Academic journal article Economic Quarterly - Federal Reserve Bank of Richmond

# A Quantitative Study of the Role of Wealth Inequality on Asset Prices

Academic journal article Economic Quarterly - Federal Reserve Bank of Richmond

# A Quantitative Study of the Role of Wealth Inequality on Asset Prices

## Article excerpt

(ProQuest: ... denotes formulae omitted.)

There is an extensive body of work devoted to understanding the determinants of asset prices. The cornerstone formula behind most of these studies can be summarized in equation (1). The asset pricing equation states in recursive formulation that the current price of an asset equals the present discounted value of future payments delivered by the asset. Namely,

p (s^sub t^) = E [m(s^sub t^, s^sub t+1^) (x (s^sub t+1^) + p (s^sub t+1^)) | s^sub t^], (1)

where p (s) denotes the current price of an asset in state s; x (s) denotes the payments delivered by the asset in state s; and m's, s''denotes the stochastic discount factor from state s today to state s' tomorrow, that is, the function that determines the equivalence between current period dollars in state s and next period dollars in state s'. It is apparent from equation (1) that the stochastic discount factor m plays a key role in explaining asset prices.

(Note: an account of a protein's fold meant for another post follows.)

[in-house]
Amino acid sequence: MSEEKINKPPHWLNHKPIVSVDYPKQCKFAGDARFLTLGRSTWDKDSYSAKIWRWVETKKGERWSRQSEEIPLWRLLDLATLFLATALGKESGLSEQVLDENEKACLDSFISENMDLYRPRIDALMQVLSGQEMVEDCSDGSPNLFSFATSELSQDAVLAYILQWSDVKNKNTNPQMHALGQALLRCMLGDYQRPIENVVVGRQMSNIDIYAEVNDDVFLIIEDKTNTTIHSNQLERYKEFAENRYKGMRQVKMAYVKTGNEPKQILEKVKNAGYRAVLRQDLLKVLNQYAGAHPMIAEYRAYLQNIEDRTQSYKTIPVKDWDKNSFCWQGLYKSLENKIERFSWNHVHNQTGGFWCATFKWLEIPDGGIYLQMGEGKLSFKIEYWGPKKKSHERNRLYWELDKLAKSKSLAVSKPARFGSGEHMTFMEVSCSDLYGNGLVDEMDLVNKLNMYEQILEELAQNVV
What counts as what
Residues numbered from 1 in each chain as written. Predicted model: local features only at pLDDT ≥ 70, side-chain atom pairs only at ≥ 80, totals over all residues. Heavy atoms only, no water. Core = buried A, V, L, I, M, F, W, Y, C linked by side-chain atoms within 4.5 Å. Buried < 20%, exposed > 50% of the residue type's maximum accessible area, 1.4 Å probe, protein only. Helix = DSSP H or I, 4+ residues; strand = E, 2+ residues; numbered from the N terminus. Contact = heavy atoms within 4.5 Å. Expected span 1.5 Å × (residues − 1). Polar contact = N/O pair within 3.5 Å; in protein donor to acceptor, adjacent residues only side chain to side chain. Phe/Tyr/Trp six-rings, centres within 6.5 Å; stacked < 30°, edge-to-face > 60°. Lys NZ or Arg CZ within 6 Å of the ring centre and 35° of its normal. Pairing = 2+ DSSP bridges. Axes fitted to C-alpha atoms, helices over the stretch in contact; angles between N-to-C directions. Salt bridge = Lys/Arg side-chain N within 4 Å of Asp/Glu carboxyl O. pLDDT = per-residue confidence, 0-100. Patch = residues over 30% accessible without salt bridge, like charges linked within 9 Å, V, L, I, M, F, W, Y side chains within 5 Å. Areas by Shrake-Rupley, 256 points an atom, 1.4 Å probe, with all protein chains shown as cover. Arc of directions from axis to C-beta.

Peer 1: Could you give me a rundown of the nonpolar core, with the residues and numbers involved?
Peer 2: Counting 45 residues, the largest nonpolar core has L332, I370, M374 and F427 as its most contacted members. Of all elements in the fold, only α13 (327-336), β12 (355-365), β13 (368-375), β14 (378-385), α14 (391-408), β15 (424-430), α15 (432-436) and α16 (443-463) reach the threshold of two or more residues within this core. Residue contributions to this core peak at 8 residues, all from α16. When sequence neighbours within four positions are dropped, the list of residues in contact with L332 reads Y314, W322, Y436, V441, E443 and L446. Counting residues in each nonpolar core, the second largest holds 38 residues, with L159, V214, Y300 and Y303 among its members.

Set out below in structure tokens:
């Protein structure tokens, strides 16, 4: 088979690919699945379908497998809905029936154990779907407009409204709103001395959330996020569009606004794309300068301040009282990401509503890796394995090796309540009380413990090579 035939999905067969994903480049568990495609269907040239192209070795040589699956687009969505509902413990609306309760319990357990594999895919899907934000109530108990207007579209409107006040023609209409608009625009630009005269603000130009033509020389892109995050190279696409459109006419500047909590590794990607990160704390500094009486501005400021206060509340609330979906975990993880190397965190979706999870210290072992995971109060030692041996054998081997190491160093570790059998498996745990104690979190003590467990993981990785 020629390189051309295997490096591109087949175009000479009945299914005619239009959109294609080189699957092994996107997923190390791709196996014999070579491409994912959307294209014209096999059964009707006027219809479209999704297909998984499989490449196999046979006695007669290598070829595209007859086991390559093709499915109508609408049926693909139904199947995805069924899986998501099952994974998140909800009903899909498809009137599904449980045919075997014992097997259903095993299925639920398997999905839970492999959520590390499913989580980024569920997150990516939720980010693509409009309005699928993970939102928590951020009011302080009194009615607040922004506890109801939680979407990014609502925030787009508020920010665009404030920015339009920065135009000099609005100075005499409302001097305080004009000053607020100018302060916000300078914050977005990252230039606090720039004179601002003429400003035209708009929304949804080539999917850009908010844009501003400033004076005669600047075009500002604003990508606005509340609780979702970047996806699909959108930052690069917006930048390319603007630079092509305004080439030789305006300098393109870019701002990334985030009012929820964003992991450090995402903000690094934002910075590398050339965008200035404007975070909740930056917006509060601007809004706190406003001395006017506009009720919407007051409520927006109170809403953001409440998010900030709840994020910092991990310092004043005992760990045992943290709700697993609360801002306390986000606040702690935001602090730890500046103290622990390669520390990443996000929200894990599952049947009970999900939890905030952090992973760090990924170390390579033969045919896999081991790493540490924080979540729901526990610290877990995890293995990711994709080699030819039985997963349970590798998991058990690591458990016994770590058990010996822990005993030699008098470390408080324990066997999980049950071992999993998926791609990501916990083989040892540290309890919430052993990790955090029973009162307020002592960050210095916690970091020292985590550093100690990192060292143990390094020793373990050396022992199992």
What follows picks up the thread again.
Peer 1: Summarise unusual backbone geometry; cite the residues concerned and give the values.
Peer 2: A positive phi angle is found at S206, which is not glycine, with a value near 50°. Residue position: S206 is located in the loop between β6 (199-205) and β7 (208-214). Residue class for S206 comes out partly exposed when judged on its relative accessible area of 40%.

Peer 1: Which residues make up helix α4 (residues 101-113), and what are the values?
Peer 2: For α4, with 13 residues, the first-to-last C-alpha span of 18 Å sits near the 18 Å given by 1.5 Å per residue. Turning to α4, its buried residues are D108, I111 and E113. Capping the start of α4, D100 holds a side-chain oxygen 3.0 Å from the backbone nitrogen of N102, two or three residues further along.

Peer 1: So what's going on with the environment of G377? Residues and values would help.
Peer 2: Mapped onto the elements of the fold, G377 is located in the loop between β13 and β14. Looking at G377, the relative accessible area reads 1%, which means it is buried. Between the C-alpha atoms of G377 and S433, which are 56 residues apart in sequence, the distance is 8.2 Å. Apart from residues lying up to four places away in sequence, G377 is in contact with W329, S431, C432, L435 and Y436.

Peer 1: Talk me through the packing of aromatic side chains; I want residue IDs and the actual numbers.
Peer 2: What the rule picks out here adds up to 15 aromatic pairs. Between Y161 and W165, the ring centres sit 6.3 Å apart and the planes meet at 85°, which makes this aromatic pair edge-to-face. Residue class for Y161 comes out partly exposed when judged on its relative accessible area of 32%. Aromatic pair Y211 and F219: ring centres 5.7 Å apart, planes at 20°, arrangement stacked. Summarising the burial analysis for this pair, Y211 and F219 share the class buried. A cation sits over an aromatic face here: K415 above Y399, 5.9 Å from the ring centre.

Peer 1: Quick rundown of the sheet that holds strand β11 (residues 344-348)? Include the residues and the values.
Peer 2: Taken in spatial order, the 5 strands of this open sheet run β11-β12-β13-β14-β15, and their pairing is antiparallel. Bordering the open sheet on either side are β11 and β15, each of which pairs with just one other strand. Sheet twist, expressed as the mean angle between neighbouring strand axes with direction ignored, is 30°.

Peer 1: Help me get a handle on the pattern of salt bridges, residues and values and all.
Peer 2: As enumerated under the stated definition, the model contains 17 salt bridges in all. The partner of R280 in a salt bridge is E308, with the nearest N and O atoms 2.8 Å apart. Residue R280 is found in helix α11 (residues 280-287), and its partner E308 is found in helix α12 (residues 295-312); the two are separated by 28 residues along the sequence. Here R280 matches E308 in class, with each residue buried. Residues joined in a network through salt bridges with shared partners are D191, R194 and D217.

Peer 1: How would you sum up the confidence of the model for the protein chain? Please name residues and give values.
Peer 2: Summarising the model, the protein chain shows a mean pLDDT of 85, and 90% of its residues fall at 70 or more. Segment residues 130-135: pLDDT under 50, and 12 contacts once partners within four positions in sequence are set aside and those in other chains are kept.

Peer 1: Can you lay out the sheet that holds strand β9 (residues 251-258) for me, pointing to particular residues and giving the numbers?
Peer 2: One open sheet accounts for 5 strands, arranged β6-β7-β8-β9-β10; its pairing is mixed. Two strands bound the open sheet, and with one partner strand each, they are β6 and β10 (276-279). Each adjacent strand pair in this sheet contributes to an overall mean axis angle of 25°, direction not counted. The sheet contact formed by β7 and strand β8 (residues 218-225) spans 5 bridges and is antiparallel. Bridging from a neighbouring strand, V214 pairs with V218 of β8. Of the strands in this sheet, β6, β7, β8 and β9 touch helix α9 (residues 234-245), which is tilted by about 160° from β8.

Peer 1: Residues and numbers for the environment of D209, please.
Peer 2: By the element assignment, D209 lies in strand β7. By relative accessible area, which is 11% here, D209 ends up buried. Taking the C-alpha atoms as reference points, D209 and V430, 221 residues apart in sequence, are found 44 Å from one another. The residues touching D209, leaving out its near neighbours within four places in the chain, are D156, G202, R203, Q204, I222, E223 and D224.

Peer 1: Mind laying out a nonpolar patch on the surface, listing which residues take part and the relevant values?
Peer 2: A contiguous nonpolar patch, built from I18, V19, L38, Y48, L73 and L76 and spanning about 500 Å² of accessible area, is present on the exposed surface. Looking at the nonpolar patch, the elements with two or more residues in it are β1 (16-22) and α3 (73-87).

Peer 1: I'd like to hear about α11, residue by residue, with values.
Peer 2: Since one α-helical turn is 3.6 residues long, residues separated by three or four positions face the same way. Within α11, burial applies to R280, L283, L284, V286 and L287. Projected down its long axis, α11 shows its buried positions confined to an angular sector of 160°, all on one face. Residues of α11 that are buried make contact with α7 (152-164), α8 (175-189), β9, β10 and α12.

One strand of the literature estimatesmusing time series of asset prices, as well as other financial and macroeconomic variables. The estimation procedure is based on some arbitrary functional form linking the discount factor to the explanatory variables. Even though this strategy allows for a high degree of flexibility in order to find the stochastic discount factor that best fits the data, it does not provide a deep understanding of the forces that drive asset prices. In particular, this approach cannot explain what determines the shape of the estimated discount factor. This limitation becomes important once we want to understand how structural changes, like a modification in the tax code, may affect asset prices. The answer to this type of question requires that the stochastic discount factor is derived from the primitives of a model.